Newberry vows return in 2006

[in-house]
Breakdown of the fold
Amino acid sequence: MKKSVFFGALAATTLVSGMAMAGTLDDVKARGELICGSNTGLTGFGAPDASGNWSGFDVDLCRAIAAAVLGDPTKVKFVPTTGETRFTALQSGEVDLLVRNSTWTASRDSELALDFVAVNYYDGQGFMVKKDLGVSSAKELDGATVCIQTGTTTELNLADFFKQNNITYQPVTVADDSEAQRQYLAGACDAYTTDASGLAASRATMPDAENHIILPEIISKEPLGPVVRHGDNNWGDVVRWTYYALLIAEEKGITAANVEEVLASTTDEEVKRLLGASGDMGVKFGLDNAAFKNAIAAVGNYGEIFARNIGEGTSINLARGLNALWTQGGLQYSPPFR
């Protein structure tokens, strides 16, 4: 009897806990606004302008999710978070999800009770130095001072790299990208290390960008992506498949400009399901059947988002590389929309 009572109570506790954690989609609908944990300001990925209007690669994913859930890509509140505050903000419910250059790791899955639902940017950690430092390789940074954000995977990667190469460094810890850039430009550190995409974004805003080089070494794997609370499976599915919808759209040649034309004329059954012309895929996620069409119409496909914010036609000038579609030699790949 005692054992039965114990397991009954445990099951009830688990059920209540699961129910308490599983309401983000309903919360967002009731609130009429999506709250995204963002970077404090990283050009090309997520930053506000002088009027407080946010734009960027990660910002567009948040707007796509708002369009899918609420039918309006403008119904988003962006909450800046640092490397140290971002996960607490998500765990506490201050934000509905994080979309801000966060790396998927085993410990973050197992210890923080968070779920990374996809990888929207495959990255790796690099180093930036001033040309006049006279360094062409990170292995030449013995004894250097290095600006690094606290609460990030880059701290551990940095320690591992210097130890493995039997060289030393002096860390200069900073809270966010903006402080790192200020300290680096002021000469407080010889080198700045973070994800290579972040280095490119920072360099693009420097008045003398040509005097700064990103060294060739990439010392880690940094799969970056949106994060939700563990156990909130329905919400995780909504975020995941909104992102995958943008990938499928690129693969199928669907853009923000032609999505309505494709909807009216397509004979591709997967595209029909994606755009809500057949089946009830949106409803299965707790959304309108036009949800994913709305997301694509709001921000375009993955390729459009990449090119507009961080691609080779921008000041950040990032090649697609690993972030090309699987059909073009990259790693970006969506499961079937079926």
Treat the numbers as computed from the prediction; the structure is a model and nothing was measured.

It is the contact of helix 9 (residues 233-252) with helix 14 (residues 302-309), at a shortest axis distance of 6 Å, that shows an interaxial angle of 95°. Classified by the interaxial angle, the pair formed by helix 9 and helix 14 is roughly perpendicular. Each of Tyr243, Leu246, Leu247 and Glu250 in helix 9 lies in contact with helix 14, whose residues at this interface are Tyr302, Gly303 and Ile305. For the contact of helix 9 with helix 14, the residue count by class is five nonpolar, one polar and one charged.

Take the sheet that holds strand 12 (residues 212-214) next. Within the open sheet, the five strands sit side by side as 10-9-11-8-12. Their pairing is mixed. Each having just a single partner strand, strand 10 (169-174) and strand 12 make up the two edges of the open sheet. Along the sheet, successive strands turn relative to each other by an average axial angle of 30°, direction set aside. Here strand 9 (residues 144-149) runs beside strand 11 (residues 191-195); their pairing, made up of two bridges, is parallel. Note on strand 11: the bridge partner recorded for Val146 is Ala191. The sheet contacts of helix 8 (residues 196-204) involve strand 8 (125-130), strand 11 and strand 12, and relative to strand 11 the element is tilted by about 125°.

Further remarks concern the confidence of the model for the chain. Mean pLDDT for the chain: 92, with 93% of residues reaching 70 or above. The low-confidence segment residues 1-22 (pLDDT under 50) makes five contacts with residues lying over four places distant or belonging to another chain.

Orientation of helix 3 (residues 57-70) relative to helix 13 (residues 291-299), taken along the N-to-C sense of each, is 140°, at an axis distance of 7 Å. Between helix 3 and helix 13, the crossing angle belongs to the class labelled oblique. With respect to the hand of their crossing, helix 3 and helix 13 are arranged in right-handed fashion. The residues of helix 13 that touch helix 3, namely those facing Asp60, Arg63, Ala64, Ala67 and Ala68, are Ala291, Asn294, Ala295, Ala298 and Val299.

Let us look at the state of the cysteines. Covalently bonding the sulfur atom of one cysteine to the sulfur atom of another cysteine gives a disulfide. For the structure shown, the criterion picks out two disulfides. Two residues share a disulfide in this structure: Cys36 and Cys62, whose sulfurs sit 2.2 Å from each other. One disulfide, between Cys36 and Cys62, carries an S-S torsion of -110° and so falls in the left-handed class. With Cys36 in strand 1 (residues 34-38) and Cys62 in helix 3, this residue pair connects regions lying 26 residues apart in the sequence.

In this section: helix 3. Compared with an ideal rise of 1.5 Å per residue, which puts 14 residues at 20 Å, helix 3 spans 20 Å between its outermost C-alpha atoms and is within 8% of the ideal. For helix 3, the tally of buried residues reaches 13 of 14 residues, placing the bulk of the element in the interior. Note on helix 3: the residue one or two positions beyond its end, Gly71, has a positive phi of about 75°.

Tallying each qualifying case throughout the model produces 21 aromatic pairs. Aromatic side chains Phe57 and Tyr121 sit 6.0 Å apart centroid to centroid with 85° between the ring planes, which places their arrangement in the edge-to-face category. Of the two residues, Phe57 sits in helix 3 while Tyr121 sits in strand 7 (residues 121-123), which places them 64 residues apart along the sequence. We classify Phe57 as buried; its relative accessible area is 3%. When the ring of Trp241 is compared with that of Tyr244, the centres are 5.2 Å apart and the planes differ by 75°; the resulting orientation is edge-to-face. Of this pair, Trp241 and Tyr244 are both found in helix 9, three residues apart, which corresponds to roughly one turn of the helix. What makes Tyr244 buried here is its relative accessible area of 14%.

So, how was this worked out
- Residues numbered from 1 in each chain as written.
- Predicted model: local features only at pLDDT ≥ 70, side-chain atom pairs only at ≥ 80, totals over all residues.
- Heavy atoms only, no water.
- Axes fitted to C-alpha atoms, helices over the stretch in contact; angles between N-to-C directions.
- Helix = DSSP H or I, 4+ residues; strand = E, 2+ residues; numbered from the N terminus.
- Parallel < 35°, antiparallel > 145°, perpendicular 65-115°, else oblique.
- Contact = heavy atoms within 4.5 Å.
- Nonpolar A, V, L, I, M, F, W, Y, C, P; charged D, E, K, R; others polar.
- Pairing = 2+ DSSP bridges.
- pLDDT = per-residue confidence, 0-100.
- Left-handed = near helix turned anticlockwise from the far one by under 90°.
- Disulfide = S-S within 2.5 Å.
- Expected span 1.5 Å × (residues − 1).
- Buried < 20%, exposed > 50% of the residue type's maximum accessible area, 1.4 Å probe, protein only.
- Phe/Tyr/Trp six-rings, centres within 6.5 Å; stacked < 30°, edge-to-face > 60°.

And that was start 11 games and play well. On a bum knee that has virtually no cartilage. In the rugged interior trenches of the big, bad NFL. But Newberry's war-torn body finally has had enough for 2005. During last week's game against the Tennessee Titans, Newberry felt his right knee start to buckle on him in certain situations. "My leg started giving out on me," he said. "It collapsed on me three or four times in that game." And so, after a long discussion with coach Mike Nolan, Newberry decided to go on injured reserve for the rest of the year instead of risking further injury on his weakened leg during the final quarter of the season. It was a tough decision. Newberry said serious consideration was given to just giving his knee one or two weeks of rest –as he did once earlier this season – and then coming back for the San Francisco's remaining games. But, after three months of grinding, Newberry was playing on a malfunctioning leg. He was OK once he was able to fire off the ball, lean and use leverage. But when he had to plant and hold off bull rushers in pass protection, his leg did not have stability. Newberry was leaving himself open to extensive damage and the possibility of tearing ligaments in the knee. "Right now, I'm disappointed that I'm not playing further," Newberry said. "I was hoping I could make it the whole season. I deal with pain all year, but I've done that before, so it wasn't anything extraordinary. We talked about taking a couple of weeks off and coming back to play the last couple of games. But we decided it was a better idea to have the extra five weeks (recovery time) and get ready for next season. I think that's probably the best thing to do." Nolan concurred: "It certainly was an extremely difficult decision for J. But as he looks forward, it looks to be the best time to get his knee worked on, so that the time clock is better in the future for him." This is Newberry's time clock: He'll have surgery on his knee Tuesday, then give it ample rest before beginning about four months or rehabilitation. Newberry has talked with several other players who have had successful microfracture surgery, but there is no guarantee that he will benefit from the procedure. Some have implied the surgery may end his career, but Newberry scoffs at such a suggestion. "I'm confident I'll be fine," he said. "Even if I get unlucky and it doesn't work, I think I can come back out next season and at least do what I did this year. That's the worst-case scenario. It's definitely not going to get any worse than it is now. It's very highly unlikely I won't get any (improvement) out of the microfracture. It might not fix it all the way, but it will definitely make it better. I'm very optimistic I'll make a full recovery and I'm looking forward to having a healthy leg for at least the next couple of years that come." Newberry could have had the surgery earlier this year, which would have improved his chances for recovery later. But he did not want to miss the entire 2005 season after playing in only one game in 2004. "I probably should have had it fixed before the season," Newberry said, "but I don't know how tough it would have been to miss two full seasons back-to-back and not play and then try to come back mentally and play football three years later. Then the retirement stuff would have started creeping into your mind." Did someone say retirement? Naturally, after all Newberry has been through – he has lost count of his surgeries since joining the Niners, but the figure is at least 10 – the retirement issue comes up quite often. Many feel he should walk away from the game while he literally still can. He doesn't want to end up like former Raiders' Hall of Fame center Jim Otto, among other linemen who played through the pain and injuries to the detriment of their health later in life. Besides his knee, Newberry has been taking pain-killing injections in both shoulders to play each Sunday for the past two months. Both of his shoulders were separated earlier this season. "I'm still enjoying playing," Newberry said when asked if he might contemplate retirement. "When the game becomes a burden, or I'm not enjoying it any more, it will definitely be an option. But right now, I'm still having fun playing. I'm still enjoying it, so I want to continue to play. I mean, that's where I'm at right now." And the 49ers hope that's where Newberry will be at next year after successful microfracture surgery. "I'm very hopeful," Nolan said. "I think that that's the best way to say it. I'm not a doctor, so it's hard for me to say. I don't have history with those types of surgeries. I know we've done a lot of research on those surgeries both with young and older people. I'm hopeful that he does come back. We'll have to wait and see."
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